B. said program is further configured to place keys in a second curve defined in terms of a second mathematical representation corresponding to the extrema of said first curve, wherein said second curve has keys comprising times, values, a derivative in and a derivative out associated therewith.
16. The system of claim 13, wherein said program is further configured to compile a list of actions from a source of actions, test for a conflict between each action and successor action in the action list, and apply a resolution method to conflicts detected.
17. The system of claim 14, wherein said program is further configured to delete all but one multiplicative keys from the list of keys.
18. The system of claim 15, wherein said program is further configured to determine points of maximum discrepancy between said first and second curve, place new keys iteratively in said second curve at the points of maximum discrepancy, wherein the value, derivative in and derivative out of the new keys are obtained from said first curve, and terminating the placement of new keys if termination criteria is met.
19. The system of claim 16, wherein said program is further configured to add an action to a cumulative action summary list and test for conflict conditions between the action and its successors in the action summary list, and apply a resolution method to conflicts detected.
20. The system of claim 17, wherein said program is further configured to set the value of each key to the sum of the function curves at the time of the key, set the value of the derivative in of the key to the sum of the derivatives in of the function curves at the time of the key, and set the derivative out of the key to the sum of the derivatives out of the function curves at the time of the key.
21. The method of claim 18, wherein said termination criteria is met if the measure of difference between said first and second curves is less than a threshold value, if a threshold number of new keys have been placed, or if a threshold amount of run time has elapsed.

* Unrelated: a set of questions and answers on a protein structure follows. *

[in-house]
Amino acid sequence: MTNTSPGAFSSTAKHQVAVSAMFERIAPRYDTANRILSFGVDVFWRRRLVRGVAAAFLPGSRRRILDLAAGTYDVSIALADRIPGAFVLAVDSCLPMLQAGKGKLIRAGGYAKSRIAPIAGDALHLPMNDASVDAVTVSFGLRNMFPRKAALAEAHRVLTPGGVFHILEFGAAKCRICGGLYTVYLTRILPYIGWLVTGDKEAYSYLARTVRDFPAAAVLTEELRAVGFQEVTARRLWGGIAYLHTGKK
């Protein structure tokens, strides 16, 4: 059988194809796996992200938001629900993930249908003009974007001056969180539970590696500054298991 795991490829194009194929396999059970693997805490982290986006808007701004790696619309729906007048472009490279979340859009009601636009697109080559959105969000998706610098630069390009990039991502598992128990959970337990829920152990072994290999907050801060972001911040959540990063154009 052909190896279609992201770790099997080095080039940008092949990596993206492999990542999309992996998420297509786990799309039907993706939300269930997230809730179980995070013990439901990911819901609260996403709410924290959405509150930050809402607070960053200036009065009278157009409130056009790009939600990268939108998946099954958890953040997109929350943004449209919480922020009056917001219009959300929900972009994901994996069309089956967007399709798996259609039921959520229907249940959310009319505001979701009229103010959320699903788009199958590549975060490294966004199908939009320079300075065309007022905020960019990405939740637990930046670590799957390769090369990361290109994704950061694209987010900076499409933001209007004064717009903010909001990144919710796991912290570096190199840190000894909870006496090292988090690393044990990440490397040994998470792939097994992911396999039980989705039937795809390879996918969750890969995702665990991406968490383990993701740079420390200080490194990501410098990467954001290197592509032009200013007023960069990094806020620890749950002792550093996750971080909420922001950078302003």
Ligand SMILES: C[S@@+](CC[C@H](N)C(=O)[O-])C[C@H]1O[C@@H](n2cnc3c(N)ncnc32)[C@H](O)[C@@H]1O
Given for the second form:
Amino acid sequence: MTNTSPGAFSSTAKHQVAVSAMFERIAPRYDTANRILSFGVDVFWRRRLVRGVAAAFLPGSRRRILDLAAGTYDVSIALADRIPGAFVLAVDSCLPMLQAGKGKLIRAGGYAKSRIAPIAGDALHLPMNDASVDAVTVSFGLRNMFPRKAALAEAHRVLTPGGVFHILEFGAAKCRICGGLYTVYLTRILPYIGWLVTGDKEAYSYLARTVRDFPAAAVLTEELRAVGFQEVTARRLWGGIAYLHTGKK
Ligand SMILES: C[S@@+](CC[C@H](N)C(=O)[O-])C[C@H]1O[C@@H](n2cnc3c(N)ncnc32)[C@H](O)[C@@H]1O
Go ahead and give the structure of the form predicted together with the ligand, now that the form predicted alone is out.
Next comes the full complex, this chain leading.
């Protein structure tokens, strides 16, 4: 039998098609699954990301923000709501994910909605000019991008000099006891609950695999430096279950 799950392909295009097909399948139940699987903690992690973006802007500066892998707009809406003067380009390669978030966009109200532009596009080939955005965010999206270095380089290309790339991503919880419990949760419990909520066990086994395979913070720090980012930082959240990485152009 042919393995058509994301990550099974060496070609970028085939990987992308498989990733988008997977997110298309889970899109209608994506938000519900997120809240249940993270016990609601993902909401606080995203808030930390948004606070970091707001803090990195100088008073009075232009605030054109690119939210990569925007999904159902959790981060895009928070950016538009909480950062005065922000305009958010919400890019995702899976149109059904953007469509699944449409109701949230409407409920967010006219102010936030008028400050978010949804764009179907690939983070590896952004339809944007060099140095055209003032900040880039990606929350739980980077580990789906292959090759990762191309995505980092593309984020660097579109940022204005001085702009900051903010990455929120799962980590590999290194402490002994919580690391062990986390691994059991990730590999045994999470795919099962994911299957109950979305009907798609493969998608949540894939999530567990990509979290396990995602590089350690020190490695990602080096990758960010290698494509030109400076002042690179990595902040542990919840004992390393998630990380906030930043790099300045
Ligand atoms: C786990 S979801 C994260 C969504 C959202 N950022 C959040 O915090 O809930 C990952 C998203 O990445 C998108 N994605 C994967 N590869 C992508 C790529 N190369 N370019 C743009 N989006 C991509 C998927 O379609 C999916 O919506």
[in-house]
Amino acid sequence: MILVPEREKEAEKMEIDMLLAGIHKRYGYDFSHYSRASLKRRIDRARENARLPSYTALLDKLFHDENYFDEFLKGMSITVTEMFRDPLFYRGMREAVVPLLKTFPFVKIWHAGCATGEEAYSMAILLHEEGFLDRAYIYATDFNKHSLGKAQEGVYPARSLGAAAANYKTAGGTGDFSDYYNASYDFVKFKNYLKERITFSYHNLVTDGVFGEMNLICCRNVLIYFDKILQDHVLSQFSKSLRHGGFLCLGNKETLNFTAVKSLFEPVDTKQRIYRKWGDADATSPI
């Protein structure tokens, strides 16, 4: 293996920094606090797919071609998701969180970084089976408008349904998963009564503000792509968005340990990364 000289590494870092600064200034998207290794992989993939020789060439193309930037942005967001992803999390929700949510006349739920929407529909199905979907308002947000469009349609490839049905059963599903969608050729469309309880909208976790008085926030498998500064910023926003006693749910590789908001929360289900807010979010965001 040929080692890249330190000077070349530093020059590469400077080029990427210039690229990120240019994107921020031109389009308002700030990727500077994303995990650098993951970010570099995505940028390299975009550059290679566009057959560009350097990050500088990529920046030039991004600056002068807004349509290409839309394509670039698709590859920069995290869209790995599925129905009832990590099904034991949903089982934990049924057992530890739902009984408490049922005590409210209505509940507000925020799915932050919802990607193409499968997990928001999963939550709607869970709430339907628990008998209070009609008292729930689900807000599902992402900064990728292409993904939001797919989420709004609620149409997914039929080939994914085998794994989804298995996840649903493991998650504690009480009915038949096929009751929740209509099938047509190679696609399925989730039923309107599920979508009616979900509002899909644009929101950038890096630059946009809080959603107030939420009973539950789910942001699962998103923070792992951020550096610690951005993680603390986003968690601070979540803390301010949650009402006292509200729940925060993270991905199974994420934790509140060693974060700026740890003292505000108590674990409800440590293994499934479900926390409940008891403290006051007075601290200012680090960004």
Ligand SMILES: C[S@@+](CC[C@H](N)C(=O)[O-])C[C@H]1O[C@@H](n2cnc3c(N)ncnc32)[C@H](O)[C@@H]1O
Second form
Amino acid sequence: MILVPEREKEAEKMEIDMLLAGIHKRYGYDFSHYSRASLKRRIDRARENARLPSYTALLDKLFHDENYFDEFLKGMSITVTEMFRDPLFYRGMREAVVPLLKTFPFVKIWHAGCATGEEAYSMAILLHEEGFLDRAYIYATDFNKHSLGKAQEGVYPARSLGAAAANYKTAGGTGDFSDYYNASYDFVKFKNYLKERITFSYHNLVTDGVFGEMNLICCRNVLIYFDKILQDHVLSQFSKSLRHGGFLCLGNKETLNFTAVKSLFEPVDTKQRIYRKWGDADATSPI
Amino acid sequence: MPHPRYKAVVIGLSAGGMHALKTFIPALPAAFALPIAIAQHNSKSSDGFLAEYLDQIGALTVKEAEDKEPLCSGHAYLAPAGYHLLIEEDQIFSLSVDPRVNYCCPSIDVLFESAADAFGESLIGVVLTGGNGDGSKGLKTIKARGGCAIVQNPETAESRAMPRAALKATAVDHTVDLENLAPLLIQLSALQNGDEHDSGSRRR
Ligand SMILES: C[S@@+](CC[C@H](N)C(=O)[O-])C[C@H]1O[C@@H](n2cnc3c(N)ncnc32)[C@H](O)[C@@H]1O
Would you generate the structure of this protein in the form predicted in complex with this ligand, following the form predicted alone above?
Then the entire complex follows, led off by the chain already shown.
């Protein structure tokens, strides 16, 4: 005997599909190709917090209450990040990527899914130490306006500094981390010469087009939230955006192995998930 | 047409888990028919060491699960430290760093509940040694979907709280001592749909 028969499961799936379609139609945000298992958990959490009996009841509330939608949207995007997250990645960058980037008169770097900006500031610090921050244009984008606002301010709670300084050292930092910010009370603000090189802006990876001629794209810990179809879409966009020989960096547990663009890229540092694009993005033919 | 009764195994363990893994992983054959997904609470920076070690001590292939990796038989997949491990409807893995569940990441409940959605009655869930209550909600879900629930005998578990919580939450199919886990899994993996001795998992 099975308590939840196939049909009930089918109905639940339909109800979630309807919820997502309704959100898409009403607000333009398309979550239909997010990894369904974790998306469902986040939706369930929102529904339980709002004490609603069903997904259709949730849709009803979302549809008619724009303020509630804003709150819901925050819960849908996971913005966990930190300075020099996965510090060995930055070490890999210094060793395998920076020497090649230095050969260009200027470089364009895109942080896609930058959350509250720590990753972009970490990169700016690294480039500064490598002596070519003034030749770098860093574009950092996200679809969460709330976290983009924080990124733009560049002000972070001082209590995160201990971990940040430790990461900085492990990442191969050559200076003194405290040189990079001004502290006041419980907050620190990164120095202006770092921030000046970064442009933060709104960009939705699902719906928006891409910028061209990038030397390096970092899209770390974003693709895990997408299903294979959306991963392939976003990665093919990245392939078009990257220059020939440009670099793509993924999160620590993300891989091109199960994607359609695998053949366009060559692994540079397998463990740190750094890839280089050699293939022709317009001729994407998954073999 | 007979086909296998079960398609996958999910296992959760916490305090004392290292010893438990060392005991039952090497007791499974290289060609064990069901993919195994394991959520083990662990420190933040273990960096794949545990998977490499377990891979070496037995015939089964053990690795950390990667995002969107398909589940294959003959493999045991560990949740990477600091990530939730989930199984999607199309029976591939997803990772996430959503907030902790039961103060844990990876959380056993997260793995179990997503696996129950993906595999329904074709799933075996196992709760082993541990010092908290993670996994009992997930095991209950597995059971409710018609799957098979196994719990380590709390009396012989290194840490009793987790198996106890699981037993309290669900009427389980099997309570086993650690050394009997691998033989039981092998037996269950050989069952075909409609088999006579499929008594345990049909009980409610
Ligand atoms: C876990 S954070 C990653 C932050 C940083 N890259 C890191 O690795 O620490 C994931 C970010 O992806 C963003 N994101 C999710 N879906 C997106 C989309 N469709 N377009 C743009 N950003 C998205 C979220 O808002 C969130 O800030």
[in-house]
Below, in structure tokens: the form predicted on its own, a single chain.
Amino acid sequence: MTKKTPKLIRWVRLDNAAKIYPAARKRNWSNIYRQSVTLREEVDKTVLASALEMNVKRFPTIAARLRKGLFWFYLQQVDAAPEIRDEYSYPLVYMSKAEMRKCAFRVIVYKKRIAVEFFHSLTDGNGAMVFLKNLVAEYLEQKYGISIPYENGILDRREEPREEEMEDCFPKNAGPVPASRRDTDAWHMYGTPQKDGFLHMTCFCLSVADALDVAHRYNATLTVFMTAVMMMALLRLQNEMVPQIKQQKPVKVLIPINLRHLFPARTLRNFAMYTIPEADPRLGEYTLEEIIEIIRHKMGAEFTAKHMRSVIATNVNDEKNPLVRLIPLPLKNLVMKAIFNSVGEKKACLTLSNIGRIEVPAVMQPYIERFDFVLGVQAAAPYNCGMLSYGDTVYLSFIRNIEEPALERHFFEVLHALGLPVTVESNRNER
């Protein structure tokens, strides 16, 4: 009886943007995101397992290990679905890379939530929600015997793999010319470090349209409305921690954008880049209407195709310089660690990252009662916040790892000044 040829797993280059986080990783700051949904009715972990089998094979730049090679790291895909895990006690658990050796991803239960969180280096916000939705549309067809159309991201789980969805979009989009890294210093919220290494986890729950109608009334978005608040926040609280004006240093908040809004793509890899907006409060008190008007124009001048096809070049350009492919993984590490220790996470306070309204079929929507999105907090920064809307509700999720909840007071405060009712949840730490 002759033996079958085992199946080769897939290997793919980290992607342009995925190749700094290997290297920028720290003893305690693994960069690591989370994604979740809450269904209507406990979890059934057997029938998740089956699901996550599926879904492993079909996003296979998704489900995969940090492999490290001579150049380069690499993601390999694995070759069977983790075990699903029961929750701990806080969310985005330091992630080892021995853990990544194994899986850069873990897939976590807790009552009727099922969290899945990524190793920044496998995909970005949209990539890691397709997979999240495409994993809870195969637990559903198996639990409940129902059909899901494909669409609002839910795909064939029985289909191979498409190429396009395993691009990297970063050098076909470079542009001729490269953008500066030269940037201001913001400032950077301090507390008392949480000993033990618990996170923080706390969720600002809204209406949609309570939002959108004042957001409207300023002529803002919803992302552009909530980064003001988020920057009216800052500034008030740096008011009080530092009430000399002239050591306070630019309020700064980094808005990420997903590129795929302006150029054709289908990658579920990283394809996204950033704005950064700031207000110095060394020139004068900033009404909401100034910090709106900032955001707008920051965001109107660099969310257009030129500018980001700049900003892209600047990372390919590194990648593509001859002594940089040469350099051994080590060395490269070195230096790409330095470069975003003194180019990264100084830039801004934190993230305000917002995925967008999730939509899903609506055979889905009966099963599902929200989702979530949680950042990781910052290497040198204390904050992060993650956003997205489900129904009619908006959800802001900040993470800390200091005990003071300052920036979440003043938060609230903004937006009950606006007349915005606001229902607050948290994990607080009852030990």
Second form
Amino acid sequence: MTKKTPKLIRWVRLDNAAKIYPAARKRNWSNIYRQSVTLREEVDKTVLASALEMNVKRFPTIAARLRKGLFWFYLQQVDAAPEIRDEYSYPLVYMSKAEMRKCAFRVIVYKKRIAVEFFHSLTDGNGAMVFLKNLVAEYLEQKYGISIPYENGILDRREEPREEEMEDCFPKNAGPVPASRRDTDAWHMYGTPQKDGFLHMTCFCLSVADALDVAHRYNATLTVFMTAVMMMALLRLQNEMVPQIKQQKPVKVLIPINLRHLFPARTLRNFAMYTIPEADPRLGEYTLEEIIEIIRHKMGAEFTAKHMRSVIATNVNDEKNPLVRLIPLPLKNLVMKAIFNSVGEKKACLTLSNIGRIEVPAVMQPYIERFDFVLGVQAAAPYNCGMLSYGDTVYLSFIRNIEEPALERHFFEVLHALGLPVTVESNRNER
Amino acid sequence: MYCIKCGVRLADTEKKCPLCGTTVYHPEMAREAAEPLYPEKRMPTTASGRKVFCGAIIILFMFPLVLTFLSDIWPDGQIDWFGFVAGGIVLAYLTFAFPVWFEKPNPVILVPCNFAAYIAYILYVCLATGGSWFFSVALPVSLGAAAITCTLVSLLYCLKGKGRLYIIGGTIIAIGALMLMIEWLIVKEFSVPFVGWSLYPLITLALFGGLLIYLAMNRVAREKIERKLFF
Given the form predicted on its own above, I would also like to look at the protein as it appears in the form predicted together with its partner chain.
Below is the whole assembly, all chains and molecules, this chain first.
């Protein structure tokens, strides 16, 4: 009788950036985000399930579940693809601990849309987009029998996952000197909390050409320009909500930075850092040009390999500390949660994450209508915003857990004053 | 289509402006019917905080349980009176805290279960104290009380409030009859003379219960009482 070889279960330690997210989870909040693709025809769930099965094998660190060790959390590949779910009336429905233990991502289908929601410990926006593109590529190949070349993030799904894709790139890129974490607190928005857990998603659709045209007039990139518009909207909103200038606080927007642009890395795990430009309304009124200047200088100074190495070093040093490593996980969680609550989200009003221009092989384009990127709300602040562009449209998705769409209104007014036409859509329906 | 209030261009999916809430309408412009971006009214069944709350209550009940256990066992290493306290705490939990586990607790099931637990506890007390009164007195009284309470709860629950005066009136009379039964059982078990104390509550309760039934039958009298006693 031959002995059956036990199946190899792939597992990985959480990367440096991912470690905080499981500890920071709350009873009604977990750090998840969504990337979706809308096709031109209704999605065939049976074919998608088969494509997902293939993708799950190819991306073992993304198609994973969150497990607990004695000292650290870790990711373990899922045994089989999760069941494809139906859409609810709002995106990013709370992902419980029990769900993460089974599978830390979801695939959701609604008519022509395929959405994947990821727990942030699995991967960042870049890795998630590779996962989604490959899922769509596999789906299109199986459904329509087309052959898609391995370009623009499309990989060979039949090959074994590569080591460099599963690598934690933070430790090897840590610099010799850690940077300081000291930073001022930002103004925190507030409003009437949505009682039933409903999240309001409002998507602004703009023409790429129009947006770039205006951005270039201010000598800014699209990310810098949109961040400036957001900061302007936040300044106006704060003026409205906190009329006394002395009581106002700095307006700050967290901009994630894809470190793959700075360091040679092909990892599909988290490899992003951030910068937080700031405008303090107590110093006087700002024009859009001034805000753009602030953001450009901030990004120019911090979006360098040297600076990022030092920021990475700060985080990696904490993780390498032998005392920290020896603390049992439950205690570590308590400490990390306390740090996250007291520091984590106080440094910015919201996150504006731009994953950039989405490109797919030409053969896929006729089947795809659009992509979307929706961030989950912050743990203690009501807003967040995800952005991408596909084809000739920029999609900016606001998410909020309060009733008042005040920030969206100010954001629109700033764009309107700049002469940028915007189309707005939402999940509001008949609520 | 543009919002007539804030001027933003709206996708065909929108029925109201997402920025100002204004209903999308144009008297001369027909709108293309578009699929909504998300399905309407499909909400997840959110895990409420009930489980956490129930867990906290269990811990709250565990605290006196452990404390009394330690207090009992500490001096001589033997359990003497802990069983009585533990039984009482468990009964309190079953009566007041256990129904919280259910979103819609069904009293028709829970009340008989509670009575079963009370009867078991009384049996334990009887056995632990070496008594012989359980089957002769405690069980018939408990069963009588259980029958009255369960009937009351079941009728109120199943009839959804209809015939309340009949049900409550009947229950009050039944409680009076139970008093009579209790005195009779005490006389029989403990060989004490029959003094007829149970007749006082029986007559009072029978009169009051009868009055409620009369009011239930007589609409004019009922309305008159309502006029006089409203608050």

Description
BACKGROUND OF THE INVENTION

[0001] 1. Field of the Invention

[0002] This invention generally relates to computer animation, specifically to methods for resolving conflicts in, summing, and converting mathematical representations of function curves in an animation.

[0003] 2. Description of the Related Art

[0004] As would be generally known and understood by those of ordinary skill in the art, function curves are an efficient method of representing and manipulating animation data. A function curve is a mathematical representation of the amplitude of any animatable quantity (such as the degree to which an eyebrow is raised or the angle at which a head is turned) with respect to time. As those of ordinary skill in the art of programming and mathematics recognize, a function curve can be interpolated between a set of control points. A control point, which is herein referred to synonymously as a key, is a point corresponding a time, value (or amplitude of an animatable quantity), first derivative in (slope of the curve approaching the time of the key), and first derivative out (slope of the curve leaving the key. A function curve is a list of keys and a mathematical representation which defines the interpolation of the curve between keys.